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Grave concerns : Slate memorials

3 November 2015
David Francis has some advise on using slate for memorials.

David Francis is a hands-on mason who has specialised for many years on the memorial side of the stone industry. He was Technical Advisor to the National Association of Memorial Masons, writing manuals and City & Guilds Qualifications. If you have an issue regarding any aspect of memorial masonry, David is happy to help. Send your questions or comments to David at [email protected].

Recently I was asked the question 'how thin can slate be to make it acceptable in cemeteries'.

Although the material is relatively soft, it is a laminate which gives it the strength to be used in quite a thin section.

Slate is made up of relatively soft (as stone goes) compressed minerals and because of this it easily scratches, although in time the weather helps to harden the surface. The best slate has a particularly low porosity, which is why it makes good roofing. And its strength can be seen when roofers walk on the thin slates without damaging them when they make repairs.

The NAMM Code of Working Practice has two sections giving masons instruction on thicknesses of memorials. The first is at the beginning of the Code and states that memorials over 625mm high should be not be less than 50mm thick.

This thickness is meant to be for monoliths or headstones set in a shoe, so it is possible to have monoliths of a good height in the thinner material. If the slate is used as a lawn memorial the thickness requirement is 75mm. This is because NAMM insists on dowels and dowel holes so large that it would compromise the structure strength of the material if it were any thinner.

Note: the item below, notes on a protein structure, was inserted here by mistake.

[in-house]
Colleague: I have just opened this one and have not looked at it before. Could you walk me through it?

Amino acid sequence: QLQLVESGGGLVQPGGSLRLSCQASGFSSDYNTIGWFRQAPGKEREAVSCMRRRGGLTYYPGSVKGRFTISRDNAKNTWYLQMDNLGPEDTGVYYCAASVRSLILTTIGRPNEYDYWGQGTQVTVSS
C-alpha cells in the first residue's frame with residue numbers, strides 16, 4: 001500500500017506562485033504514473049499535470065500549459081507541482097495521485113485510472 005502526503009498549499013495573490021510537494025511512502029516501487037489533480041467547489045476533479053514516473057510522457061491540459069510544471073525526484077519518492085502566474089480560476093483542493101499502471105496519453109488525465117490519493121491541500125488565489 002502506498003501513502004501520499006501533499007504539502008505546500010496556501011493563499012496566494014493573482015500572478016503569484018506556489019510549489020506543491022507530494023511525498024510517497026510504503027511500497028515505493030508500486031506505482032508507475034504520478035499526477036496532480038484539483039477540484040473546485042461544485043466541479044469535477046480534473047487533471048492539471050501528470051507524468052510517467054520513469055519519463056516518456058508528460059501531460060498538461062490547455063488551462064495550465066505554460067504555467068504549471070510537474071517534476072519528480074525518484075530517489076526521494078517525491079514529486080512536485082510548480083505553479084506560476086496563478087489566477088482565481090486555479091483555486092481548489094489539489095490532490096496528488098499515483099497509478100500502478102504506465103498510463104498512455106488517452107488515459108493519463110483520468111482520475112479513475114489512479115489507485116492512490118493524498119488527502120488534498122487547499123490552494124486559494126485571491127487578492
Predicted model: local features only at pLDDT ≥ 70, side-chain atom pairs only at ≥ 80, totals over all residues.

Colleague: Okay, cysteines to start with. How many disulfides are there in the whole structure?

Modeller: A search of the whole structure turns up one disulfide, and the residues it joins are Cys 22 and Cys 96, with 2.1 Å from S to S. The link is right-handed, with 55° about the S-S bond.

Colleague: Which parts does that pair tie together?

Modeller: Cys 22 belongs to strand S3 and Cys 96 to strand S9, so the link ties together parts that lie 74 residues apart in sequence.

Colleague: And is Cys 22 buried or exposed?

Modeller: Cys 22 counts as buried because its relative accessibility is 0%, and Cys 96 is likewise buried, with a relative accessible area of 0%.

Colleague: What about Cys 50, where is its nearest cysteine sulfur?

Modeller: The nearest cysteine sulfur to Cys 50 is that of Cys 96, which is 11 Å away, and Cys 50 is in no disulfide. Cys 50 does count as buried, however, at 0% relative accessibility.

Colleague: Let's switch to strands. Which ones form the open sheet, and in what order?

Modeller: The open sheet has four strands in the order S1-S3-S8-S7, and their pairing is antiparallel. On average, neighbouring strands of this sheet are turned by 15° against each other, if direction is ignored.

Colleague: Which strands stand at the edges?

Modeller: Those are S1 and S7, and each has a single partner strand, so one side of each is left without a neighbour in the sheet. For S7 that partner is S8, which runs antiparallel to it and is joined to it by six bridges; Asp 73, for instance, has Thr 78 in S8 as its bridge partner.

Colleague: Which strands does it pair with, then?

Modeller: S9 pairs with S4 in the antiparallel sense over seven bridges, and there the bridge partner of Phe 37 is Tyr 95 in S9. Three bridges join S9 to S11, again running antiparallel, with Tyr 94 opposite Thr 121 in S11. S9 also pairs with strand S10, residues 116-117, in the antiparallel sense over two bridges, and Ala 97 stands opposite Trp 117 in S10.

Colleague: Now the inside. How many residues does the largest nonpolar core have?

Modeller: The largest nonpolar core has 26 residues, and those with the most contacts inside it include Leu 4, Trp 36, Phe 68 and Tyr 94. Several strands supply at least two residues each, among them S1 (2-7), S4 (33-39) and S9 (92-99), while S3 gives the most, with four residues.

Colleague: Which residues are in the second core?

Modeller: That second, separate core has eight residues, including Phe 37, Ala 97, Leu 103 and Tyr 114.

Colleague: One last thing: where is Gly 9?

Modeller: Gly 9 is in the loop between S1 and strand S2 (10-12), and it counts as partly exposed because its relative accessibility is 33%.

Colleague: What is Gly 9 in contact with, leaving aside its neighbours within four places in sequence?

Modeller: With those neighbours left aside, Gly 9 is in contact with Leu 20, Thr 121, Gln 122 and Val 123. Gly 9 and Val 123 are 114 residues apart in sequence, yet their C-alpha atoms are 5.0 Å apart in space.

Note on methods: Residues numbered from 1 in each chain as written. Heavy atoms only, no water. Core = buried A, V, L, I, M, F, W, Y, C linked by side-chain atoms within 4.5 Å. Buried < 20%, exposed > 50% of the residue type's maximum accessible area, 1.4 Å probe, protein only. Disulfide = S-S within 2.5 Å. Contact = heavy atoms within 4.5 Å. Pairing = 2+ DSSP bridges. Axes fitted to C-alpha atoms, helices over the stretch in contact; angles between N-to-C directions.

Slate is also mentioned again near the end of the Code, stating that memorials of 30mm or less of some age can be seen still in good condition in older cemeteries.

When a failure does occur it is usually for the same reason that slate makes a good roofing material – because it will split into thin pieces along cleavage planes. If water enters along a cleavage plane and freezes, it will force the slate apart.

If slate does laminate nothing can be done. Once the slate is open the weather gets in and it will split and the material becomes vulnerable to further decay.

The best blue/black slate comes from Ffestiniog, North Wales, grey and green slate is from Cumbria. Slate is found in other places round the world, but none is as good as the slate from Wales and the North of England, in my opinion.

Slate is much favoured by memorial artists because it is easy to cut. Most art schools use slate as the material to learn hand lettering and decoration on. The main problem is, unless the lettering is painted, in damp or wet weather the inscription and designs are difficult to distinguish from the background.

The use of slate inside buildings is quite extensive, although the slate is not always Welsh. Slate hearths are imported from Italy and, if properly laid, withstand considerable heat.

When I was in business we did a good trade in slate bases for sculptures. Provided the pieces were not too big they looked much better than the lumps of wood that were often otherwise used. We oiled the slate then buffed it and it looked like a honed black marble but was very much cheaper.

 

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